Iran restricts WhatsApp and Instagram as Mahsa Amini protests grow | Social Media News
NetBlocks says the outage is the “worst” since the internet was blocked during the 2019 fuel protests.
Iran has restricted access to social media Instagram and WhatsApp amid protests over the death of a woman in police custody, according to locals and internet watchdog NetBlocks.
Major internet blackouts have also been reported across the country, with one of the biggest mobile phone operators shut down, leaving millions of Iranians offline.
The death last week of 22-year-old Mahsa Amini, who was arrested by vice police in Tehran for “inappropriate dress”, sparked a wave of anger over issues including freedom in the Islamic Republic and an economy under the shock of the sanctions.
At least six protesters have now been killed, according to Iranian media and officials, along with a policeman and a member of a pro-government militia. However, activist groups say the death toll is higher.
NetBlocks also reported a “nationwide loss of connectivity” on Iran’s main mobile operator and another company’s network.
WhatsApp’s servers were down across several internet service providers, hours after Instagram’s services were blocked, London-based NetBlocks said.
Data from the group shows a near total disruption of internet service in parts of western Iran’s Kurdistan province since Monday, while the capital, Tehran, and other parts of the country have also been disrupted since Friday, when the first demonstrations broke out.
⚠️ #Iran is now under the toughest internet restrictions since the November 2019 massacre.
▶️ Largely closed mobile networks (MCI, Rightel, Irancell – partial)
▶️ Regional disruptions observed during protests
▶️ Instagram, restricted WhatsApphttps://t.co/8cCHIJA2Oi
— NetBlocks (@netblocks) September 21, 2022
Two residents of Tehran and southern Iran said they could only send text and not photos on WhatsApp and Instagram seemed completely blocked.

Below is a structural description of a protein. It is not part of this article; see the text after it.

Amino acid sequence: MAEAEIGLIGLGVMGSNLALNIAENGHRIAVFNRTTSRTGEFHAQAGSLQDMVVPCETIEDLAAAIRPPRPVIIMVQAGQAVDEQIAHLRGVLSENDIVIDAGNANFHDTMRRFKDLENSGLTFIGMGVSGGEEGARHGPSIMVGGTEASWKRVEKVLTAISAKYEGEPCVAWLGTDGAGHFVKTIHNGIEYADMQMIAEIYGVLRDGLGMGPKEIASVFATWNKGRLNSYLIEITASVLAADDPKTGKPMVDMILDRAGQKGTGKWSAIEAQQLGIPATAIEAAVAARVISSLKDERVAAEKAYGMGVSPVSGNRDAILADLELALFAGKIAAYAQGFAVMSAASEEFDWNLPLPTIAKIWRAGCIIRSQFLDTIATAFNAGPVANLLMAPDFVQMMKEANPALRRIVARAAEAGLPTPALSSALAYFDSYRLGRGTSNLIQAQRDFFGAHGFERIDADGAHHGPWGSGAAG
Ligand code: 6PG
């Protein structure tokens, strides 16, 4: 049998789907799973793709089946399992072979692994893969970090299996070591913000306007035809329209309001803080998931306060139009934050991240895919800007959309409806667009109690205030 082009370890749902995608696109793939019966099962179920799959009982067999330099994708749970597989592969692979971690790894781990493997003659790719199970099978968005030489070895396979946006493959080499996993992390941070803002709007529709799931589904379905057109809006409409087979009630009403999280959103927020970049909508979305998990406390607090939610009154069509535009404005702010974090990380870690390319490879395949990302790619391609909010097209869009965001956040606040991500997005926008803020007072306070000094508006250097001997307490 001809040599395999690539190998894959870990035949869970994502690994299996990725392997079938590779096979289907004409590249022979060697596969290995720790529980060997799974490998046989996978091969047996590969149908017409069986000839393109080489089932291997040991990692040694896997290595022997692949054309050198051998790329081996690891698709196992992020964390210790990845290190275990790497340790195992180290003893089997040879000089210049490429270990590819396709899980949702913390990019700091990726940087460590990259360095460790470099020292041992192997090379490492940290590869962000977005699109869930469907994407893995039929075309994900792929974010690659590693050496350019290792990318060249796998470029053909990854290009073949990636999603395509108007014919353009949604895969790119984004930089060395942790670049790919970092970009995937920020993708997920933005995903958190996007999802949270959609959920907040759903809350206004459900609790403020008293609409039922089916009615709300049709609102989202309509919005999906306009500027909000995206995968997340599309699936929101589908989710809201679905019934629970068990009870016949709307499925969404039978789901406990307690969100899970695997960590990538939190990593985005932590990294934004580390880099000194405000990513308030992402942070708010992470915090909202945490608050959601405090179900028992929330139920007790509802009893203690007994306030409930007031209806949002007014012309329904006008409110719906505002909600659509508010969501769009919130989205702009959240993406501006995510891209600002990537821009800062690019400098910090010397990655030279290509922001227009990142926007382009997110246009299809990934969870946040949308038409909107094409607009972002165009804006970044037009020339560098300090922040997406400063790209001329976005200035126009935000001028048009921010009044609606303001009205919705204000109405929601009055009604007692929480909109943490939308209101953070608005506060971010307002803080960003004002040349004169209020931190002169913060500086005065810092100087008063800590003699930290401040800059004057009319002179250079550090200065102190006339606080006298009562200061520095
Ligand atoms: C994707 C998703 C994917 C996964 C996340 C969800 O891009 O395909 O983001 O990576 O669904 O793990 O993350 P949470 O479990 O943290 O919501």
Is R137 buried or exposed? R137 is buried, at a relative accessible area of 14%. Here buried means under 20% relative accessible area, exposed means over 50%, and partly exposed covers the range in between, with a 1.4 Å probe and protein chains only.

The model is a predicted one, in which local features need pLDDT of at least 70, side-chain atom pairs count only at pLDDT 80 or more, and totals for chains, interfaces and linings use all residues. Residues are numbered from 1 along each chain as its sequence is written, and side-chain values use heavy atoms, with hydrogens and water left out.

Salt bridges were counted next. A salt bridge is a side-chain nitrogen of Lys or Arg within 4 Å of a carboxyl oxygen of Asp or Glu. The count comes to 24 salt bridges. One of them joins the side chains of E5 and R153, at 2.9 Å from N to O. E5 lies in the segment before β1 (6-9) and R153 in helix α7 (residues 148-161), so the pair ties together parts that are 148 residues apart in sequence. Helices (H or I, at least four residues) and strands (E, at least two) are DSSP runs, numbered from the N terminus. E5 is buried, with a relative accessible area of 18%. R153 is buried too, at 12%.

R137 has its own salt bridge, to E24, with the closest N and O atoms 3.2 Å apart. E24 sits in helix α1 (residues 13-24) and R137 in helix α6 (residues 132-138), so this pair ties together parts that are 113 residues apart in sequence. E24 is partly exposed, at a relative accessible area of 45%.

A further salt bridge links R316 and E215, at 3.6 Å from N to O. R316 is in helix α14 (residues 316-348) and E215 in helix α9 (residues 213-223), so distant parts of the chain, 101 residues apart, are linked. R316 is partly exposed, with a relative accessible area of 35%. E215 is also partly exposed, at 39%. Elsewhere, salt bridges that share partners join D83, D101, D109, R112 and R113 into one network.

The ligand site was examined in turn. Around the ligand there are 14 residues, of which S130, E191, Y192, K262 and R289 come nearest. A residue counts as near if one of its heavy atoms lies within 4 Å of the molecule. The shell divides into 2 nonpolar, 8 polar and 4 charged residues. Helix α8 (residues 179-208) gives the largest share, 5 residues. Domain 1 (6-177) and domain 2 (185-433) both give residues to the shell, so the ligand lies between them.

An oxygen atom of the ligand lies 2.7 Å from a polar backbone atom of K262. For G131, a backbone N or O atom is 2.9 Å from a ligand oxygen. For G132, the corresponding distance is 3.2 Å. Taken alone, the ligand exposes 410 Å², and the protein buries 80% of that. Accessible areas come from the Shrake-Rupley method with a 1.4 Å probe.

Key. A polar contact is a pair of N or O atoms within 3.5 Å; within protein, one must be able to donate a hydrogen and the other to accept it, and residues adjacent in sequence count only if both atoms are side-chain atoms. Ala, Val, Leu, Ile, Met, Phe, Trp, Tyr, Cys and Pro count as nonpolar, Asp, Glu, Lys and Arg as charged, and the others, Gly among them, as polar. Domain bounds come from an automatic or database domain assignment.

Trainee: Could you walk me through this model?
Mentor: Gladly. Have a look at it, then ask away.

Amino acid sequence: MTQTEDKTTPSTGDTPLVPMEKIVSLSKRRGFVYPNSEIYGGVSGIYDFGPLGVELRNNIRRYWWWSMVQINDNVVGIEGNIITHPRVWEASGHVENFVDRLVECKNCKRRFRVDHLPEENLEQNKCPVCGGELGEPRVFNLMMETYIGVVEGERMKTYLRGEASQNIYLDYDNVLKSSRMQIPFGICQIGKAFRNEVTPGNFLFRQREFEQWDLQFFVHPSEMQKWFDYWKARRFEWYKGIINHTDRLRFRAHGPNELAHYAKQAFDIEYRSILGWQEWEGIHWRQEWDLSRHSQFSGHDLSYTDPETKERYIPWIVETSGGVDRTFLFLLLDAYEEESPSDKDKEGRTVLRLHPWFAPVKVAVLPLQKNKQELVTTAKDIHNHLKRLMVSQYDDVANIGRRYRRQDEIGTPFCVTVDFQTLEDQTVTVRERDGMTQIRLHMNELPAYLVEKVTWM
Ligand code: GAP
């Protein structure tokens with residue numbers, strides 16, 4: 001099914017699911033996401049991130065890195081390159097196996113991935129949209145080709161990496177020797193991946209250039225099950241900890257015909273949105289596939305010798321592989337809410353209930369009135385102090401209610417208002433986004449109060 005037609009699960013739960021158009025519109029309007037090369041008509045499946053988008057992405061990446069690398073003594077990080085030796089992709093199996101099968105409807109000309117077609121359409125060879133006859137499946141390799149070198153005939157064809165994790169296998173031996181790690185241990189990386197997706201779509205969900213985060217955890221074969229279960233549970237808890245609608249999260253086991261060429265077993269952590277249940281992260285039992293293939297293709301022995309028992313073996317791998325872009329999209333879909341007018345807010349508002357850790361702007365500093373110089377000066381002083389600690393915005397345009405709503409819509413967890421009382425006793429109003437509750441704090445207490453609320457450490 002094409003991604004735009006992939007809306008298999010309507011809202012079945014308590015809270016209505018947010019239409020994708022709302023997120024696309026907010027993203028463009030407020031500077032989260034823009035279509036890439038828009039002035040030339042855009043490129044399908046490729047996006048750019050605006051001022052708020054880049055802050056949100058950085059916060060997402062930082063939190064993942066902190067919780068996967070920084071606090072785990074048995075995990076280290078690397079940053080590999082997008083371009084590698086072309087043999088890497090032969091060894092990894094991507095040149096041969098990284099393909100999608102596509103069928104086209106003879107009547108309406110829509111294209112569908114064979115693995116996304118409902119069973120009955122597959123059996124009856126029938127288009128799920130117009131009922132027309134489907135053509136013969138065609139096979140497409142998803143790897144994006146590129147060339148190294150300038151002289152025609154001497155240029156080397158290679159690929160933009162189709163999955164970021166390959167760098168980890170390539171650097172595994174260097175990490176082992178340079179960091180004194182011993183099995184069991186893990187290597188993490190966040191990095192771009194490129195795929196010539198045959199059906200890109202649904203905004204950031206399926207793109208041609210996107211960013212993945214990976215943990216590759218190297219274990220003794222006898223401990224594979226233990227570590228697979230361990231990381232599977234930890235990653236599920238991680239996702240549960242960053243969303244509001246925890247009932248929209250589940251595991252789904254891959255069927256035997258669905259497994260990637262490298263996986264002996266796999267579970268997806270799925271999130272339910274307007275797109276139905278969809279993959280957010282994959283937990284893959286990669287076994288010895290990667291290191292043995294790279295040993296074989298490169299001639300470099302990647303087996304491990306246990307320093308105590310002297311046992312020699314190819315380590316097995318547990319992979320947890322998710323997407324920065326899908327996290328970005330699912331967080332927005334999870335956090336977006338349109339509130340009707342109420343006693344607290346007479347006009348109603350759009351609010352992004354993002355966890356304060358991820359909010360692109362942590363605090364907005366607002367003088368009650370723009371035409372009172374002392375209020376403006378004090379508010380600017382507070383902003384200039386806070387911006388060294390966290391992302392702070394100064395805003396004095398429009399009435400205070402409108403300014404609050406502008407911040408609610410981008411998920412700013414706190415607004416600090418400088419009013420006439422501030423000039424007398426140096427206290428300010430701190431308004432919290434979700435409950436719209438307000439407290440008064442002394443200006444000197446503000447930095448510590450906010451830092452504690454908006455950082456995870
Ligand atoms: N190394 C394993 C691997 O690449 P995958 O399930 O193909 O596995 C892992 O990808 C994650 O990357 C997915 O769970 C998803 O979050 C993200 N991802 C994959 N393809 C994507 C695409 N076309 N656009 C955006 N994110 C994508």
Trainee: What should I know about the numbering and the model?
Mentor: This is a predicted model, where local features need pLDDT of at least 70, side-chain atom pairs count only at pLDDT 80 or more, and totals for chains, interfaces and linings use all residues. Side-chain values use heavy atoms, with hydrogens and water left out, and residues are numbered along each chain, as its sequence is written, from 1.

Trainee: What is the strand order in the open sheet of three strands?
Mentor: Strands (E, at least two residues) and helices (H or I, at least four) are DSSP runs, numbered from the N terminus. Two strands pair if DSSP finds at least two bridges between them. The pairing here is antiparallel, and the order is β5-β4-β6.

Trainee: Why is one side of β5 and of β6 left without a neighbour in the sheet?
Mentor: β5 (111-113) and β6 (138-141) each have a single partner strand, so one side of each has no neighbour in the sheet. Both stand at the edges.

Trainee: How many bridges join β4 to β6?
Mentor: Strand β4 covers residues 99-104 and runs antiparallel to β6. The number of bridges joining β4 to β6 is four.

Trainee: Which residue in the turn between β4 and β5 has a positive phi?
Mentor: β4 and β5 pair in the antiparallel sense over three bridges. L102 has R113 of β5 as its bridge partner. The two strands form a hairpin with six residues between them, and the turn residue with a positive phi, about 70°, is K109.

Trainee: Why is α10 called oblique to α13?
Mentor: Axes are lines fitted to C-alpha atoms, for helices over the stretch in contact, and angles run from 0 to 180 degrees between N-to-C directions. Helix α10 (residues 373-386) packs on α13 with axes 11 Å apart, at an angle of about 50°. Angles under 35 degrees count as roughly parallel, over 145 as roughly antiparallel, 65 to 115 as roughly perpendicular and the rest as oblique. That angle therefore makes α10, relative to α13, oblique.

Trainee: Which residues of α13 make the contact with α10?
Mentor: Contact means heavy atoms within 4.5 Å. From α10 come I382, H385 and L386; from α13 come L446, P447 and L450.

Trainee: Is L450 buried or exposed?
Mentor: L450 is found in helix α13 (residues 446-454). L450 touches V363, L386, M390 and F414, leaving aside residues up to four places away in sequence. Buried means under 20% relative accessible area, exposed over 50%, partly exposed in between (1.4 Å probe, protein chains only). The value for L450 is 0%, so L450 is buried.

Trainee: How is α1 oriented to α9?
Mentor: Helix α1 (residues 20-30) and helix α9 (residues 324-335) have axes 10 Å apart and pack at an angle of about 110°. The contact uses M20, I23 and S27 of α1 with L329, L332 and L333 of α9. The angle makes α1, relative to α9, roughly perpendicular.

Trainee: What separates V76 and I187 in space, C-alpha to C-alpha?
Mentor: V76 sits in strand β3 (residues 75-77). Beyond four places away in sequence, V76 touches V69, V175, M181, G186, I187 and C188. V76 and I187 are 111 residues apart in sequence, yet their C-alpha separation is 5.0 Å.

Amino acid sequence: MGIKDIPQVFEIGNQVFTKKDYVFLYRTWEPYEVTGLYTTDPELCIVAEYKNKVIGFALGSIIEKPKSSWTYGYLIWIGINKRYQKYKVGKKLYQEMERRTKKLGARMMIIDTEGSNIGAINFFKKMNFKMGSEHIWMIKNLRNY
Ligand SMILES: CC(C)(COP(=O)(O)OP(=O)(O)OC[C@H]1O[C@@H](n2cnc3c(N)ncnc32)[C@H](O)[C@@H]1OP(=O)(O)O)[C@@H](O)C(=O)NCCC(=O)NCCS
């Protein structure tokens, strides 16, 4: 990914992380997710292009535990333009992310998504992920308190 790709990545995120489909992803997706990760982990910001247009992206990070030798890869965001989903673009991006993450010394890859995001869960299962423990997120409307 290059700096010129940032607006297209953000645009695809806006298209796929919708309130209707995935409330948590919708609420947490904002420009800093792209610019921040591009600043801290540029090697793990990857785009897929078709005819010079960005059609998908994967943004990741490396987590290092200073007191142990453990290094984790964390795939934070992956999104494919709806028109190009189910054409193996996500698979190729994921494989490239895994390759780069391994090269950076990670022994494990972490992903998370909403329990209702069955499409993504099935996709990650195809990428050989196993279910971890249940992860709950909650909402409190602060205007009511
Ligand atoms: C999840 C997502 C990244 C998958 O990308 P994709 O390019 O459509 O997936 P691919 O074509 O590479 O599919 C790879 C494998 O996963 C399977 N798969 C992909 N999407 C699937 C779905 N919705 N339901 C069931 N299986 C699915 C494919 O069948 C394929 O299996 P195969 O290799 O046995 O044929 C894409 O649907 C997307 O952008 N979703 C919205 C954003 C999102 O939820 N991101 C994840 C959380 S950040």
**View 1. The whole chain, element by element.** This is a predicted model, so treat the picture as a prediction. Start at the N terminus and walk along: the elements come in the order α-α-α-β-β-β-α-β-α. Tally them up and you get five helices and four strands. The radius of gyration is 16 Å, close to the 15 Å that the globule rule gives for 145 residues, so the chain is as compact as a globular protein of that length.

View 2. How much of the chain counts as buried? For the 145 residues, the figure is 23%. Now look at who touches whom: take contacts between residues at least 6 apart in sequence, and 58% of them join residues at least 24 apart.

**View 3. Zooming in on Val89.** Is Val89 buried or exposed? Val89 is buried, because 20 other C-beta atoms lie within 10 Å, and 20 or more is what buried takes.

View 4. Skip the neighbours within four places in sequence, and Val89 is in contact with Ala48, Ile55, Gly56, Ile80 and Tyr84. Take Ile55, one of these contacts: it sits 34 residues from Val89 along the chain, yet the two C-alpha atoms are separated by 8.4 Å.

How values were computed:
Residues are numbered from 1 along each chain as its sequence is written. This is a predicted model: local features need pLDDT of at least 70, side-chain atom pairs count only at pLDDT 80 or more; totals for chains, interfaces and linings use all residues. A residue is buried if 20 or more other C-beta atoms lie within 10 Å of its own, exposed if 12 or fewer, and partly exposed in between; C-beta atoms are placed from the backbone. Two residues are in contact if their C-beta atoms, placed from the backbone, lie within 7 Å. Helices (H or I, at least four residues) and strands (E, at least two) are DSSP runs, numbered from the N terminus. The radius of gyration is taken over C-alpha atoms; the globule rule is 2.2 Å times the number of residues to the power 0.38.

Both platforms are owned by Meta, Facebook’s parent company, and are among the few social networks still in operation. NetBlocks said the disruptions were the “worst” since 2019, when the government shut down the internet for about a week to help quell fuel protests.
Without internet access, it’s harder for people to post videos on social media to generate support for their cause or get reliable reports of what’s going on.
The unrest this month has been particularly intense in Amini’s home province in northwestern Kurdistan.
Amini, 22, lived in Saqqez, Kurdistan, and was in Tehran when she was arrested for what Iran’s ‘morality police’ consider to be ‘immodest clothing’, violating mandatory modest dress rules of Iran, which were imposed shortly after the Islamic revolution. in 1979.
Authorities say she suffered a stroke and heart attack while at a “guidance centre” and was transferred to a nearby hospital, where she died days later.
Amini’s family denied claims by Tehran’s police chief that she suffered from several pre-existing conditions like epilepsy and diabetes.
Social media websites such as TikTok, YouTube, Twitter and Facebook are routinely blocked in parts of the Islamic Republic, which enforces some of the toughest internet controls in the world. But tech-savvy residents often use virtual private networks (VPNs) to bypass borders.